Afghanistan’s far western city of Herat lies close to the country’s borders with Iran and Turkmenistan. The city is culturally very Persian, and was a major trading post on the Silk Road. It is also famed for its artisans, especially the tile work. This man is using a pick to shape a coloured tile in the Timurid style. Herat’s Friday Mosque has its own tile production and mosaic production factory.

While normally unsegregated, duringt he Nowruz holiday there were so many people at Mazar-i-Sharif’s Blue Mosque that authorities deemed one side of the courtyard for women and the other for men. Here’s a view into the women’s section of the courtyard in front of the tiled mosque.

While normally unsegregated, duringt he Nowruz holiday there were so many people at Mazar-i-Sharif’s Blue Mosque that authorities deemed one side of the courtyard for women and the other for men. Here’s a view into the women’s section of the courtyard in front of the tiled mosque.

An ethnic Tajik grandfather and grandson pose for s sunset picture in Parwan Province’s Panjshir Valley. The Panjshir is part of the Tajik heartland in Afghanistan and was the home of the Tajik mujahid fighter Ahmed Shah Masood, who defended the valley and Afghanistan’s northeast from the Taliban. He was later killed in a terrorist attack in 2001, and his mausoleum is here in the Panjshir.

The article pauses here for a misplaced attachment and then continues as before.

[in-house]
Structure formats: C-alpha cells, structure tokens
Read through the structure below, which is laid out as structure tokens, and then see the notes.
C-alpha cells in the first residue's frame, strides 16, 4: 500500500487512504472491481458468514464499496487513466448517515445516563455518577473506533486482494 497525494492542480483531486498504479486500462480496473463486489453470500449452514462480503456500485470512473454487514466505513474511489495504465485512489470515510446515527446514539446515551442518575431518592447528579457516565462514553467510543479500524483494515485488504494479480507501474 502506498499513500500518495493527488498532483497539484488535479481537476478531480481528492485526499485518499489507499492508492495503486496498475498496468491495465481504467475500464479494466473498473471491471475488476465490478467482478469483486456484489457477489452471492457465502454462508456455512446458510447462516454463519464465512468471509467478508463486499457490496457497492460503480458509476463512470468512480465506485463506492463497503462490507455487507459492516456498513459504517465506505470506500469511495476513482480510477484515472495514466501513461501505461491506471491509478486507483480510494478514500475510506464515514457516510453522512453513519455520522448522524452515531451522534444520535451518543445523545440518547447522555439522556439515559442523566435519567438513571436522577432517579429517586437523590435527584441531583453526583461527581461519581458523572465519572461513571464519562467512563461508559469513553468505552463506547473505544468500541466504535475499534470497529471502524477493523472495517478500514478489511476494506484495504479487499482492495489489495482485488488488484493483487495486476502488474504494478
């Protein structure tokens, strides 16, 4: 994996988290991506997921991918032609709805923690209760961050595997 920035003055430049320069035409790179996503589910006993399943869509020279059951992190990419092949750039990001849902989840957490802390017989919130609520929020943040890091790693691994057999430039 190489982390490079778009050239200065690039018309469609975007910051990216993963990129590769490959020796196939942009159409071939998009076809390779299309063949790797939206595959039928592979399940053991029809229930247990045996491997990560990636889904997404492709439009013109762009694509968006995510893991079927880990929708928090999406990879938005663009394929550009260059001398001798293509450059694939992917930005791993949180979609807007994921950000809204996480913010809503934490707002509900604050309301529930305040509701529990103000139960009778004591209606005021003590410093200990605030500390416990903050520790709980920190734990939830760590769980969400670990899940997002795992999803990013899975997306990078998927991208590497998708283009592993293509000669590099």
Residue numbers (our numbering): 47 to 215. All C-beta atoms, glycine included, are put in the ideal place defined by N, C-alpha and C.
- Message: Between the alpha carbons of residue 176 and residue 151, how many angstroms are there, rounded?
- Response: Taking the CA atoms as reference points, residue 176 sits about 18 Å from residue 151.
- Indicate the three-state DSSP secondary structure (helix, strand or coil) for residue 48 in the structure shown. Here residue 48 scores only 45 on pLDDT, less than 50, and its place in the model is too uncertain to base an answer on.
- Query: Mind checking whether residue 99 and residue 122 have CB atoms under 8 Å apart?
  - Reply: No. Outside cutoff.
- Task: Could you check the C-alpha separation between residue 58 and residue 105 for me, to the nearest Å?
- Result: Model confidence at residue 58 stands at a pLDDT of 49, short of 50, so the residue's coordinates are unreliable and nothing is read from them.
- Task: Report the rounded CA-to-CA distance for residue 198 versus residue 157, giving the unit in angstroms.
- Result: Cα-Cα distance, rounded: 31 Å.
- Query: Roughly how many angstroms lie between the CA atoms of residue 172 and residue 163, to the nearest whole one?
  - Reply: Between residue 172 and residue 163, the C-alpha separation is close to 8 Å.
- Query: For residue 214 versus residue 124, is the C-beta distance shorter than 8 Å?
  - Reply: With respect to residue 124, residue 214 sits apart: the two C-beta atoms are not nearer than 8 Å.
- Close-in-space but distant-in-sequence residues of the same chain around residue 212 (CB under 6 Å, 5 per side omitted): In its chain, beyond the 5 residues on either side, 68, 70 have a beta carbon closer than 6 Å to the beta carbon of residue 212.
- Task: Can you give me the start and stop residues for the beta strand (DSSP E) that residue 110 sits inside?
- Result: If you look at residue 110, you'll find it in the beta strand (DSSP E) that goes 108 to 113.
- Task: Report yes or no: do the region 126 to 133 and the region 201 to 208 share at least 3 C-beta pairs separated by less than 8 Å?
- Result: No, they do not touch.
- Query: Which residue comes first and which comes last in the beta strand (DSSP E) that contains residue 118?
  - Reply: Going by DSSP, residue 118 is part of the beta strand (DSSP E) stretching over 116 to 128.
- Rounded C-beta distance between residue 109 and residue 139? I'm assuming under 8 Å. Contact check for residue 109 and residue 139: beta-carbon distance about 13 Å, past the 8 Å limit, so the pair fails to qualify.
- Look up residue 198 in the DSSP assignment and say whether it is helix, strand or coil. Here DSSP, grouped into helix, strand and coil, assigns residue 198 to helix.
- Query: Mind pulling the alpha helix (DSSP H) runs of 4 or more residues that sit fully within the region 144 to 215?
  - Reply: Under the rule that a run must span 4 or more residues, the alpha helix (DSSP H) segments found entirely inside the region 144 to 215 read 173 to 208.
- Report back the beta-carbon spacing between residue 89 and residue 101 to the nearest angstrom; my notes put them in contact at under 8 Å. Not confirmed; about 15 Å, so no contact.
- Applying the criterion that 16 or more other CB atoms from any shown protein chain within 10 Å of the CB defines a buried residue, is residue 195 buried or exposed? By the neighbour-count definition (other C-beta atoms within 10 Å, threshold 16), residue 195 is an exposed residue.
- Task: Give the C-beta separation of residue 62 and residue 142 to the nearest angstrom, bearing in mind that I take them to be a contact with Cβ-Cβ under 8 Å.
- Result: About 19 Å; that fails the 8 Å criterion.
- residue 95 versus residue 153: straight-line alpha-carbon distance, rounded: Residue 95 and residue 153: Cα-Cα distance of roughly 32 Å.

An ethnic Tajik grandfather and grandson pose for s sunset picture in Parwan Province’s Panjshir Valley. The Panjshir is part of the Tajik heartland in Afghanistan and was the home of the Tajik mujahid fighter Ahmed Shah Masood, who defended the valley and Afghanistan’s northeast from the Taliban. He was later killed in a terrorist attack in 2001, and his mausoleum is here in the Panjshir.

 
Ghorid architecture is a real treat to find. Named ofter this unique region in central-western Afghanistan, much of the country’s unique Ghorid designs were covered up by Timurlane as he conquered the region. However, during a restoration project at Herat’s Friday Mosque, the original Ghorid designs were uncovered and today a small section of the old mosque can be seen.

Ghorid architecture is a real treat to find. Named ofter this unique region in central-western Afghanistan, much of the country’s unique Ghorid designs were covered up by Timurlane as he conquered the region. However, during a restoration project at Herat’s Friday Mosque, the original Ghorid designs were uncovered and today a small section of the old mosque can be seen.